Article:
I’d also like to point out that it’s good to store your preserved foods in more than one place. If you’re planning on bugging out, you likely have places where you’re planning to stop for the night, or use as a safe place to stay or to meet up with the rest of your family. Stock some food in these places even if it means digging a bit of a hidden cellar or just burying the food.
If you have any other good ideas about growing food on the down-low, please tell us about them in the comments section below. If we all put our heads together and share ideas, then we’re stronger as a community.
This article has been written by Theresa Crouse for Survivopedia.
Clay Talbot | April 18, 2016
I am a gentleman of 85 yrs. and sound of mind — I need a project like this — Send all hardbound please- Clay
Constance Stanson | April 18, 2016
Thank You so much. I need all the information I can get on growing food. GOD Bless You and Yours. Connie.
Greg A Workman | April 18, 2016
As a youth we had ‘Victory gardens’, that the feds encouraged durning WW2 & the Korean war, now we’re too lazy to maintain them,but should of never gotten rid of them. We can grow just about any thing any where with the right seeds & attitude. We should also attempt to recognize what plants are useable that most people consider as a weed. Several make great teas>
Chuck Findlay | April 19, 2016
Victory gardens were great during WW2 as the government encouraged them, but today it’s different. The fed government has SWAT teams that raid home gardeners.
Deloy | April 18, 2016
Thanks for the emails. I appreciate your time and efforts. I’ve incorporated a sprouting-garden in my preparations. The Chinese railroad workers, in the 1800’s, used sprouting to prevent skirvy…. The seeds can be used as bait to catch birds and rodents.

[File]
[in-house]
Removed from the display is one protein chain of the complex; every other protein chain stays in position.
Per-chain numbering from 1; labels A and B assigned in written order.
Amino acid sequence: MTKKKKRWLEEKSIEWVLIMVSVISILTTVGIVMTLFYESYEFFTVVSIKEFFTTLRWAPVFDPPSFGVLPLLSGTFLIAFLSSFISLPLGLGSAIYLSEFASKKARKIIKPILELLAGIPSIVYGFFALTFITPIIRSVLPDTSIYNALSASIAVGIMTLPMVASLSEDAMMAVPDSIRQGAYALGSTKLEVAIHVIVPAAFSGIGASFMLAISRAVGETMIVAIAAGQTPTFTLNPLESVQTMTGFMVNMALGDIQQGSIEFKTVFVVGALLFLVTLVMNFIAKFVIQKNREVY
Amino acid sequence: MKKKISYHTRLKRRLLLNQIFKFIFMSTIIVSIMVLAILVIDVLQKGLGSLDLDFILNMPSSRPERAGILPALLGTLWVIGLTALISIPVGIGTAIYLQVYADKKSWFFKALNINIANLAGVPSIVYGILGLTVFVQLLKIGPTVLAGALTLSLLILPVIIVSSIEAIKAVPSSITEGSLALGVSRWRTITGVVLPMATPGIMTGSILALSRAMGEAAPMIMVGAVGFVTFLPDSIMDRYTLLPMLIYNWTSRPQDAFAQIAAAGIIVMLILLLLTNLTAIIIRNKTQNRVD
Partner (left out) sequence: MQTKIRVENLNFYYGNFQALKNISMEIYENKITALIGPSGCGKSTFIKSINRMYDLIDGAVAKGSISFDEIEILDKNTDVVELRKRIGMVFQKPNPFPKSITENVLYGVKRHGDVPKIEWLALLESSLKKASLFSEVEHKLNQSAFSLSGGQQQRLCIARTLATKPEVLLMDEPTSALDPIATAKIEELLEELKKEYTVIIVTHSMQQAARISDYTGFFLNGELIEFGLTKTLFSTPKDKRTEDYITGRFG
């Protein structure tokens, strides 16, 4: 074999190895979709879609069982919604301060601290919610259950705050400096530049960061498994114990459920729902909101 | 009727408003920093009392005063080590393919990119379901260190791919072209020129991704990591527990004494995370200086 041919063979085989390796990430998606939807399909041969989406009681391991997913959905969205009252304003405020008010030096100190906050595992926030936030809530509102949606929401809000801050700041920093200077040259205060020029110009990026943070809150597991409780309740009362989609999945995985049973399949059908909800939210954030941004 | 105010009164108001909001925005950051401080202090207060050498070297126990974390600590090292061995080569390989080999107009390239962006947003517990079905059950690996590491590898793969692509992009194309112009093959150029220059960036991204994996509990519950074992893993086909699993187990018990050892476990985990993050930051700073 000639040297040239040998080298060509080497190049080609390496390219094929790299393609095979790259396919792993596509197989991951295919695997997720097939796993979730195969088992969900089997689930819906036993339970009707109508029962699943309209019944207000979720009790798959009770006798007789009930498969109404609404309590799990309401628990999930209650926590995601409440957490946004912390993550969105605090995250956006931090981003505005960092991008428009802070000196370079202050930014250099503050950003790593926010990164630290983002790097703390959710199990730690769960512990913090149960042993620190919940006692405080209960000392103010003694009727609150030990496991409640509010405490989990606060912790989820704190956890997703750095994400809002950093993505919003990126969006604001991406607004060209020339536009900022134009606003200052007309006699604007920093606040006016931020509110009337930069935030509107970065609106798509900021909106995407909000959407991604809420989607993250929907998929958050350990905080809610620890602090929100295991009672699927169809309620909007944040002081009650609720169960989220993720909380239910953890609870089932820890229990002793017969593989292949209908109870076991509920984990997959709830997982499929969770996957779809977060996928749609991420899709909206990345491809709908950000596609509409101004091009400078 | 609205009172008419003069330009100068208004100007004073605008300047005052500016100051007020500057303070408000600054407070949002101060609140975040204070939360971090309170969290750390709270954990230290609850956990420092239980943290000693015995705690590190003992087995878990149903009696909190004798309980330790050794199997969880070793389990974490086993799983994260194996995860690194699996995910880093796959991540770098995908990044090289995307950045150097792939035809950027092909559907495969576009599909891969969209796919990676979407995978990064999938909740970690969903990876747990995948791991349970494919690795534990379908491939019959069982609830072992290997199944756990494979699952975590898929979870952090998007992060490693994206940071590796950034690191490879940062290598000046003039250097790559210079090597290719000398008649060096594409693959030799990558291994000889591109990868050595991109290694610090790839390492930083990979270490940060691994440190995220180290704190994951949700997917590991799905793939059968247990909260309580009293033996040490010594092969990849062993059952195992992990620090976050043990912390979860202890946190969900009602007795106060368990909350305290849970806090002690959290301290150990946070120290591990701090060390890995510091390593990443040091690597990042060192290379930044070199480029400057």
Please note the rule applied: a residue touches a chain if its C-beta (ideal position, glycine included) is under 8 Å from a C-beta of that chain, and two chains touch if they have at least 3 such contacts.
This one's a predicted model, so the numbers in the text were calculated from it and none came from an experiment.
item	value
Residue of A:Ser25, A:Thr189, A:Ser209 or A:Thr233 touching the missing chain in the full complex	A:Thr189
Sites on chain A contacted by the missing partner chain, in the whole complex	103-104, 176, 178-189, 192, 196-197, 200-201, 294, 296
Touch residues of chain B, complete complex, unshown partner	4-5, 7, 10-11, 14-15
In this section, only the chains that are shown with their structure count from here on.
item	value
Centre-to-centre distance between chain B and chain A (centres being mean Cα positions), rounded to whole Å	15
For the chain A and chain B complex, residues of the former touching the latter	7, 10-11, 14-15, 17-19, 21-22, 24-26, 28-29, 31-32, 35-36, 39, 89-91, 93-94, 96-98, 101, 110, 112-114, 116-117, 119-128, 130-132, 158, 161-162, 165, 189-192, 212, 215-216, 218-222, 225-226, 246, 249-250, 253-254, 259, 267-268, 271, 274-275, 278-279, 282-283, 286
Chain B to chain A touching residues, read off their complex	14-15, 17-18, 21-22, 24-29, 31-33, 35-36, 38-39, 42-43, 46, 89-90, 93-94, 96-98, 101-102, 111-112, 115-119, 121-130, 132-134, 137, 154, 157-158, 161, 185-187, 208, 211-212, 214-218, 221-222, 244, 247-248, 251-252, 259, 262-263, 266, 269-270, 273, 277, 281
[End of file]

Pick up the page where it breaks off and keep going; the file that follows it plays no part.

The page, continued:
Debbie | April 19, 2016
Avoiding planting fruits that are a bright color: like red tomatoes being a beacon giving away it’s location. Many heirloom fruits and vegetables are a darker or less visible fruit color. They blend in much better!
Hildegard | April 20, 2016
Your utility supplier knows about how much electricity your home should use. They have thousands of “comps”. If your usage is higher than it “should be” or suddenly spikes, they will narc you out to the JBTs (Jack Booted Thugs AKA cops).
Cindy Voter | April 19, 2016
As a kid growing up on the farm I often hated gardening. But my Dad only made us weed until the plants were well established. I have never eaten pig weed but have heard it is edible. (chicken manure grows some good specimens of it) We always had some of the biggest vegetables around. I once took in a beet that my Home Economics teacher thought was a turnip. Then she was sure it would be woody. Nope it was perfect all the way through. Now a big spring treat for us was dandelions. Boiled with a small piece of salt pork they are a tasty green. But do not include any buds as they are bitter. the roots can be pealed and eaten also.
Jill | April 21, 2016
Edible weeds are great “on the down low” ways to eat well. Chickweed is full of vitamins A, B, and C. Dandelion leaves and roots, Jerusalem artichokes, onion grass, red clover, alfalfa, kudzu roots for thickening agent for soups, clovers, honey suckle flowers , chamomile, coltsfoot leaves burned to ash make a salt substitute, ginkgo leaves, lemon balm, and so many more make delightful additions to salad or make good teas, and mostly look like weeds ..
TheSouthernNationalist | May 5, 2017
When purchasing those grow lights, pay for them with cash, seems the police will come visit you if you use a credit card.